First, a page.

It’s been a while since part 3 of my series of posts on Our London Adventure, but I thought I had better get back to it again or I’ll never finish it off!
In the last post, I gave an overview of some of our travels throughout Europe, with much of this taking place between the time when we got our jobs, and when the Global Financial Crisis hit its peak. Travel was certainly a good escape from what was happening back in the city, but that doesn’t mean that we totally escaped the effects of the crisis that was affecting the world at that time…
The Global Financial Crisis
We had both been in our jobs for about six months before we took off on a month-long trip throughout central Europe, but in the lead-up to that trip things were starting to fall apart in the financial world. At my investment bank (which shall remain nameless, but let’s just say that it’s one of the big ones that people complain about when they are thinking of Wall Street investment banks), we had an intranet that published newspaper articles that had to do with our bank and all of the other big banks. These articles included plenty of facts and their fair share of rumours, but by reading them each day they gave a good insight into just how perilous the position of many banks really was. While banks went through rounds of layoffs of varying degrees, we experienced no such layoffs up until that point, so we were largely insulated from the problem.
Unfortunately I couldn’t say the same for some others, and I specifically recall the day that Lehmann Brothers collapsed. It was of course appearing in articles all over our intranet, and while our office was in the City, we heard about the effect of the Lehmann Brothers collapse down on Canary Wharf, where the closure of their office effectively flooded the employment market with 6,000 additional well-qualified staff on the same day, something that would prove disastrous for anyone trying to get a new job in our industry over the coming months (and even years for some).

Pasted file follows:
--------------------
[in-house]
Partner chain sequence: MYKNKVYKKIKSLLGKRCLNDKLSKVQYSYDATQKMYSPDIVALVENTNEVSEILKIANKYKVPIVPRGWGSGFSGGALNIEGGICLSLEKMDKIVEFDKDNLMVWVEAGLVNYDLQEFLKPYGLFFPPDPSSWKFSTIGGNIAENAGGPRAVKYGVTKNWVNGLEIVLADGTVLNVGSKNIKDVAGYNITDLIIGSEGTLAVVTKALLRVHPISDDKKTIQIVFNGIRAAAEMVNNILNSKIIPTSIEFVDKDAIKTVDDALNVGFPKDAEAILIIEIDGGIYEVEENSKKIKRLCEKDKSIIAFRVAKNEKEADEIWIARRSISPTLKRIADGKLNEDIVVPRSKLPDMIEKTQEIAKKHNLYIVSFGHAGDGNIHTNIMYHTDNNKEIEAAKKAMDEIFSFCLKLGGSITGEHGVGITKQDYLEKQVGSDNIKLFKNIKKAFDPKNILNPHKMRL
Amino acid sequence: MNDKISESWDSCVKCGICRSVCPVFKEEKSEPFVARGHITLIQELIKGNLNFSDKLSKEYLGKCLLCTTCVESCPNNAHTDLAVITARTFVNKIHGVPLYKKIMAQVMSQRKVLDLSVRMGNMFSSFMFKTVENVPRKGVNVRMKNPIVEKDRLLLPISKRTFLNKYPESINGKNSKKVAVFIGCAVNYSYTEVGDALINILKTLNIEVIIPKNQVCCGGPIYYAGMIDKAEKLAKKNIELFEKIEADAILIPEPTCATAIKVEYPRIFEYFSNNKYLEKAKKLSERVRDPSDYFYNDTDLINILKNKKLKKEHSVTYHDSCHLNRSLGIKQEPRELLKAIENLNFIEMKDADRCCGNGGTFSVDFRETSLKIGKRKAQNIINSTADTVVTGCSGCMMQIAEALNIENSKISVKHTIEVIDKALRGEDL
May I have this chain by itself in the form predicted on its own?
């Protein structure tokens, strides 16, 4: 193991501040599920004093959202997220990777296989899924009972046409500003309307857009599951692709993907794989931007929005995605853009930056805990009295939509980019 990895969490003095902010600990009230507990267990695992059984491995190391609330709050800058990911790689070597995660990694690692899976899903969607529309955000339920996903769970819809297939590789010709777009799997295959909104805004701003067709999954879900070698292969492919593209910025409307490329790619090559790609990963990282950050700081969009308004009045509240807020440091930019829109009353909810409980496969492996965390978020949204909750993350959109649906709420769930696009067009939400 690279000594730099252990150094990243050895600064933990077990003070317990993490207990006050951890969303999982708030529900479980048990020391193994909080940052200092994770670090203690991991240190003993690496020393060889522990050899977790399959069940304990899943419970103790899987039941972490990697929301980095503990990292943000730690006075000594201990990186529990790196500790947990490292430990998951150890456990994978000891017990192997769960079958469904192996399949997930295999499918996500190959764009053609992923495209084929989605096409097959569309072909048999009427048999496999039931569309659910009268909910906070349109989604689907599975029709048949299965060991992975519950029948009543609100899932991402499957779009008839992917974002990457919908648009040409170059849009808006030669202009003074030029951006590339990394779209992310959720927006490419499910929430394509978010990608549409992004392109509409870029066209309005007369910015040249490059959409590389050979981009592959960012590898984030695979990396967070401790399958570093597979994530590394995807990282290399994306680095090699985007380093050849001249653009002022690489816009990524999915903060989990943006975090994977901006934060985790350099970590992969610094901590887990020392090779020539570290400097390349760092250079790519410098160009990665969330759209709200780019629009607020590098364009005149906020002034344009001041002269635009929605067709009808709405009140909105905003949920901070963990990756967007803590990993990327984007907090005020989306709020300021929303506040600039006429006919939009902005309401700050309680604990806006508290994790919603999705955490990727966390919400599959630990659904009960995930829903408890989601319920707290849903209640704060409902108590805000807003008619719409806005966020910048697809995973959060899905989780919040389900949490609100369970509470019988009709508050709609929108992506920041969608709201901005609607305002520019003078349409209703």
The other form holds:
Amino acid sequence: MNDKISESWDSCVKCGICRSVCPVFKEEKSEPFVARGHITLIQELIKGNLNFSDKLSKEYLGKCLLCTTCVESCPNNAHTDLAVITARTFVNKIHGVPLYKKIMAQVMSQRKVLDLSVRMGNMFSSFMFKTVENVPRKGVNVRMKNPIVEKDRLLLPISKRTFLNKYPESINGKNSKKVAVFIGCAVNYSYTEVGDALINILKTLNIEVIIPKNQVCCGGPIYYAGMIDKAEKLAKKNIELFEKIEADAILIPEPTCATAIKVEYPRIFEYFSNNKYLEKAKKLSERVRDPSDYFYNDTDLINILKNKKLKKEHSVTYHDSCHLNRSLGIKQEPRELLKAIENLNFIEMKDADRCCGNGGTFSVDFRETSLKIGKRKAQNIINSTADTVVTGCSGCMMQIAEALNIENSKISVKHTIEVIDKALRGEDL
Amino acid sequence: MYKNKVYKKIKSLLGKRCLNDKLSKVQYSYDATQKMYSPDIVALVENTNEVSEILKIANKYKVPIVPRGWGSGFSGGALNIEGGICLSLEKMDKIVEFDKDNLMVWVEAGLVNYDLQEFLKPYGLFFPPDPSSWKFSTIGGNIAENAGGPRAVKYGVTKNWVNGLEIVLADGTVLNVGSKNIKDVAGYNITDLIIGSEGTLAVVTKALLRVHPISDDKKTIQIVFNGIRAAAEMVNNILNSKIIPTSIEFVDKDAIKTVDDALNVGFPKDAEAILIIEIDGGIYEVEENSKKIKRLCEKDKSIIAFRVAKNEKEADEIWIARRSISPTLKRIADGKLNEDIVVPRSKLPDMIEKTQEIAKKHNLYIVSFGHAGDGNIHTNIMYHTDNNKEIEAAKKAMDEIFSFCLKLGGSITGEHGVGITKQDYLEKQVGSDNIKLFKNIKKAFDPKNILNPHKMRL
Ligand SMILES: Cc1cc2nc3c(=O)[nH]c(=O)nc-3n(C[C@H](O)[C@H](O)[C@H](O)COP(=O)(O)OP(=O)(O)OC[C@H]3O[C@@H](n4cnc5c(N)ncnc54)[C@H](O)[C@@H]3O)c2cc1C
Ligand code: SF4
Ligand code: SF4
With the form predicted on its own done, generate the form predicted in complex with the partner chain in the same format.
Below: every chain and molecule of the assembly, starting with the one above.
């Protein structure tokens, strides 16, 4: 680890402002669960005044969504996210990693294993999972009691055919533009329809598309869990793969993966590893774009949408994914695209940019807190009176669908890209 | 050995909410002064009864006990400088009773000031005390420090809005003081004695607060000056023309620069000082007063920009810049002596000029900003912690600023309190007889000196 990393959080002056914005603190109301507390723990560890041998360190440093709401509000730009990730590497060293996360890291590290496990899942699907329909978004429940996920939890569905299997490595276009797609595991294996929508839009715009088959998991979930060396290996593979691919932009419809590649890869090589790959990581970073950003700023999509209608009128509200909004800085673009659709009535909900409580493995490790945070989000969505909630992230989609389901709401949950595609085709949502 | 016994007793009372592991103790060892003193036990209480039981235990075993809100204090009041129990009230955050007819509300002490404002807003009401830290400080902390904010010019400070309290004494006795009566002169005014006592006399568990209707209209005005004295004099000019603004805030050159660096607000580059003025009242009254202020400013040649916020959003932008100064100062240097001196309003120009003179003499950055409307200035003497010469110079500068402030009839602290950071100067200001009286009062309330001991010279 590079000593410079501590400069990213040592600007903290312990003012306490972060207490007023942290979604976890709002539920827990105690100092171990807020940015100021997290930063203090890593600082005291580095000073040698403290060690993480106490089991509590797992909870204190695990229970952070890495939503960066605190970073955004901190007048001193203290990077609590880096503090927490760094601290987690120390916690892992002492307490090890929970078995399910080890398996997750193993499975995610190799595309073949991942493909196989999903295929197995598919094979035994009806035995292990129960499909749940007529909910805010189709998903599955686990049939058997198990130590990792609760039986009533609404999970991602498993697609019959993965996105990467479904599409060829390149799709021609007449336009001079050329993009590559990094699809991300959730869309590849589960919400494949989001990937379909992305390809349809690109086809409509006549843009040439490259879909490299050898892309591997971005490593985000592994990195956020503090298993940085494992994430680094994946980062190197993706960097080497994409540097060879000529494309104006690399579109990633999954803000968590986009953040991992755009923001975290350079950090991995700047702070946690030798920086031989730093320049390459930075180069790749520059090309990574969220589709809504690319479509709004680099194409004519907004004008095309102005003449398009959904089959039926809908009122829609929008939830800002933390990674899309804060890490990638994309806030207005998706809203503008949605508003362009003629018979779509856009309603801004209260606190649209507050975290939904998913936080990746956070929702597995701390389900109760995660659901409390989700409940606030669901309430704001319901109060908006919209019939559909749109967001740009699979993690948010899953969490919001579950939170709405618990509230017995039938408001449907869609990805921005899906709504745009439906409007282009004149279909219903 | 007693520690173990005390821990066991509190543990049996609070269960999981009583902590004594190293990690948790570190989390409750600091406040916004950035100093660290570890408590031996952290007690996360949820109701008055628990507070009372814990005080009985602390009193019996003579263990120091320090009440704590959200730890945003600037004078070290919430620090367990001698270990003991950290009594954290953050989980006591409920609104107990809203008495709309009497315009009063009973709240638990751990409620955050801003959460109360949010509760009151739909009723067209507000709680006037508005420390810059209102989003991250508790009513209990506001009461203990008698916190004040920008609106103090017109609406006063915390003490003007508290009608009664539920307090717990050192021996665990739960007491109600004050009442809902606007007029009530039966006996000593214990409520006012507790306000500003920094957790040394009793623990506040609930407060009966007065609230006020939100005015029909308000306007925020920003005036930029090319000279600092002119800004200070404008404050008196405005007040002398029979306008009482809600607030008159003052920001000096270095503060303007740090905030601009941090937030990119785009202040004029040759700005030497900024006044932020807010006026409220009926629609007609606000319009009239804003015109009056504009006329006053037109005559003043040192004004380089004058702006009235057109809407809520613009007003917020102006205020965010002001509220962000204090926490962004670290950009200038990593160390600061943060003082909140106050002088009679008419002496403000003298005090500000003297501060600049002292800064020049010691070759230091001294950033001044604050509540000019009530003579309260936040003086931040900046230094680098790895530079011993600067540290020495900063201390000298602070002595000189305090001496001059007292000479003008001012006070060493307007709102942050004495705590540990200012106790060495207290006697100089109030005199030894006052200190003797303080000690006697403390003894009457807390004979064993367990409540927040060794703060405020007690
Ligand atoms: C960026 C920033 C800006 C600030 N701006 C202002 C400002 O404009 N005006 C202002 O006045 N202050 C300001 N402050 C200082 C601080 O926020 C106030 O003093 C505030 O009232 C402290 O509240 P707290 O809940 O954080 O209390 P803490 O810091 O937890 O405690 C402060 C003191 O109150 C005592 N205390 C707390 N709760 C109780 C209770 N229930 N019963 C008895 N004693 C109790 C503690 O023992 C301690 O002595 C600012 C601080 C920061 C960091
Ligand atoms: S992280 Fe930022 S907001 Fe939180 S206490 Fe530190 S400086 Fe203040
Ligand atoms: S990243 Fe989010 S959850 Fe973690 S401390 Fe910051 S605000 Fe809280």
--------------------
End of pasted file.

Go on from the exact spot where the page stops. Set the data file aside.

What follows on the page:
My wife’s experience with layoffs
The trouble wasn’t limited to just the larger firms, with my wife’s employer running into significant difficulties when their sales people couldn’t manage to sell the investments that their firm made a living from. As I understand it, their firm would market various investments in managed/mutual funds that were much more boutique than the Vanguards of the world, but as people became more nervous, the ability of sales staff to sell these products was severely curbed.
People say that there is a pub on every corner in Britain, and while this isn’t quite true, my wife’s firm was actually a couple of doors up from a charming little pub. I tell you this because the sales staff at my wife’s firm would go down to the pub at lunchtime each day and have a couple of pints of ale. Their rationale was that a couple of drinks would loosen them up and allow them to do some of their best sales work over the telephone, and my wife would say that this was quite true – they really did do a better job with a couple of drinks under their belts!
Despite the assistance of this ale, their sales started to dry up, and after the collapse of Lehmann Brothers my wife’s firm laid off a lot of staff. Unfortunately my wife was one of them, and so she had her final day on the day before we were to fly out on our extended trip through Europe. Because her firm was fairly small they had a great culture, and were sure to give her a great send off on that Friday afternoon. They started drinking at lunchtime and she didn’t stumble home until about 9pm that night. We had to get up at 3am to make our way to our flight to Berlin, and so it really was a forced march to the airport for her. I’m pretty sure she was still intoxicated at that point so maybe that made the journey a bit easier for a while!